1. Waldo Buckingham Guthrie, b. July 22, 1818, (p. 132).

2. Solomon Sturges Guthrie, b. Aug. 30, 1819, (p. 132).

3. Stephen Franklin Guthrie, b. March 23, 1821, (p. 134).

4. Sarah Elizabeth Guthrie, b. Feb. 14, 1823, (p. 134).

5. Lucinda Belknap Guthrie, b. March 15, 1826; d. Sept. 13, 1827.

6. Infant son, b. July 7, 1831; d. July, 1831.

7. Infant son, b. Aug. 3, 1832; d. August, 1832.

8. Ebenezer Buckingham Guthrie, 1st., b. Aug. 29, 1833; d. Aug. 14, 1834. 9. Ebenezer Buckingham Guthrie, 2nd., b. Feb. 9, 1835, (p. 135).

10. Julius Chappell Guthrie, Jr., b. Oct. 30, 1836, (p. 135).

132 BOOK 11

11. Charles Bierce Guthrie, b. Aug. 4, 1838, (p. 136).

12. Herbert Franklin Guthrie, b. April 26, 1842, (p. 137).

13. Lillie Pamelia Guthrie, b. May 28, 1846, (p. 137).

Waldo Buckingham Guthrie (p. 131) married June 20, 1844, Jane Elizabeth Clark, who was born in Utica, N. Y., Aug. 26, 1821; died in Rochester, Ind., March 8, 1876.

He was a man of modest, sensitive nature, true to his principles and faithful to his friends. He was the embodiment of generosity and kindness and knew no languor when humanity called for relief. In politics he was a staunch Republican. He died in Putnam, Ohio, Sept. 18, 1866. No children.

Solomon Sturges Guthrie (p. 131) has as a biographer, Seymour Guthrie, who says:

"In the year 1835 Sturges entered the store of his father and uncle, Albert Austin Guthrie, in Putnam, Ohio. He remained with them until 1837, when he and his brother Frank went to Gambier, Ohio, and entered the grammar school, educating himself at his own expense. There being no railroads in those days, they started in a wagon with baggage and bedding for 'Kenyon' fifty miles away. They arrived under favorable circumstances and were warmly welcomed by Bishop McIlvain, who was president of the college. There they remained, pursuing their studies until the spring of 1838, when they returned home. Sturges again entered the store, which was now organized under the name of J. C. Guthrie & Sons. It was composed of J. C. Guthrie, Waldo Buckingham Guthrie and Solomon Sturges Guthrie.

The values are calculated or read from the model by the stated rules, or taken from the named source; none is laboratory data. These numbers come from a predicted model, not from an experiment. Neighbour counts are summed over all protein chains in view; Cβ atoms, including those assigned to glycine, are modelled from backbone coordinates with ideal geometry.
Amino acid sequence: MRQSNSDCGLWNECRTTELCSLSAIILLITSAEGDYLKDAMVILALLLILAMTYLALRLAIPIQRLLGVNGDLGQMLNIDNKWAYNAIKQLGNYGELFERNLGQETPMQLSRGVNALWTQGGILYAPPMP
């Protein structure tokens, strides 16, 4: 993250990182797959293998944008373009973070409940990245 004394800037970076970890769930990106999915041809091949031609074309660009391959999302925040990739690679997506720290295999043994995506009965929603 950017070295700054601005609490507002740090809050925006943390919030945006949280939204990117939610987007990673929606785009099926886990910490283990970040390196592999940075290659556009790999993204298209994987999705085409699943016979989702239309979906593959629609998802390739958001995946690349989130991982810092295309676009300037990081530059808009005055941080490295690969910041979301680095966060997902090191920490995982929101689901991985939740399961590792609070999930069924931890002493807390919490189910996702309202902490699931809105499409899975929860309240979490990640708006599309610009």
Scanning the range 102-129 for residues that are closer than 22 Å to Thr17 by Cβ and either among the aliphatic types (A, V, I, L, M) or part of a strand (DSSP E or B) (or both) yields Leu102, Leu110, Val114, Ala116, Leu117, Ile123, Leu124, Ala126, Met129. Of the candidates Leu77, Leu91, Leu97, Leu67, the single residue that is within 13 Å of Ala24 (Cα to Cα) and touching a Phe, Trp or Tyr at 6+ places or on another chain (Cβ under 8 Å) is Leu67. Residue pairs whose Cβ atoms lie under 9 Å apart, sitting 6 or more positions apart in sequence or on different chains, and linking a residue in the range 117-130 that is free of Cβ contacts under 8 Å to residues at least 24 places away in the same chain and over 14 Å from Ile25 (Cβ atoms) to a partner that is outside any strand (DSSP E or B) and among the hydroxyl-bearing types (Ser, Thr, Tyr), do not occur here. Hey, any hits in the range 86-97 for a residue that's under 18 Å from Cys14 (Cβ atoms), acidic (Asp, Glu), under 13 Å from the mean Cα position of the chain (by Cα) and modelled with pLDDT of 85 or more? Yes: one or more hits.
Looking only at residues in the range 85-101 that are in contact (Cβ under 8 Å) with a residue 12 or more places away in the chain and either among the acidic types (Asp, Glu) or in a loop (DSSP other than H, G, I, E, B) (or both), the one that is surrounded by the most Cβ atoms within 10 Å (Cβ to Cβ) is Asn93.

"He continued there until the fall of 1838, when they opened a branch in Rehobeth, Perry County, Ohio, of which he took charge.

"The desire for knowledge again asserting itself too strongly to be overcome, he gave up this position in 1840, and went to the 'Ohio University, at Athens, Ohio, of which William H. McCuffy was president. Remaining there until July, 1841, he returned home and again entered the mercantile business with his father and brother Waldo, continuing in it until the decease of his father in 1849.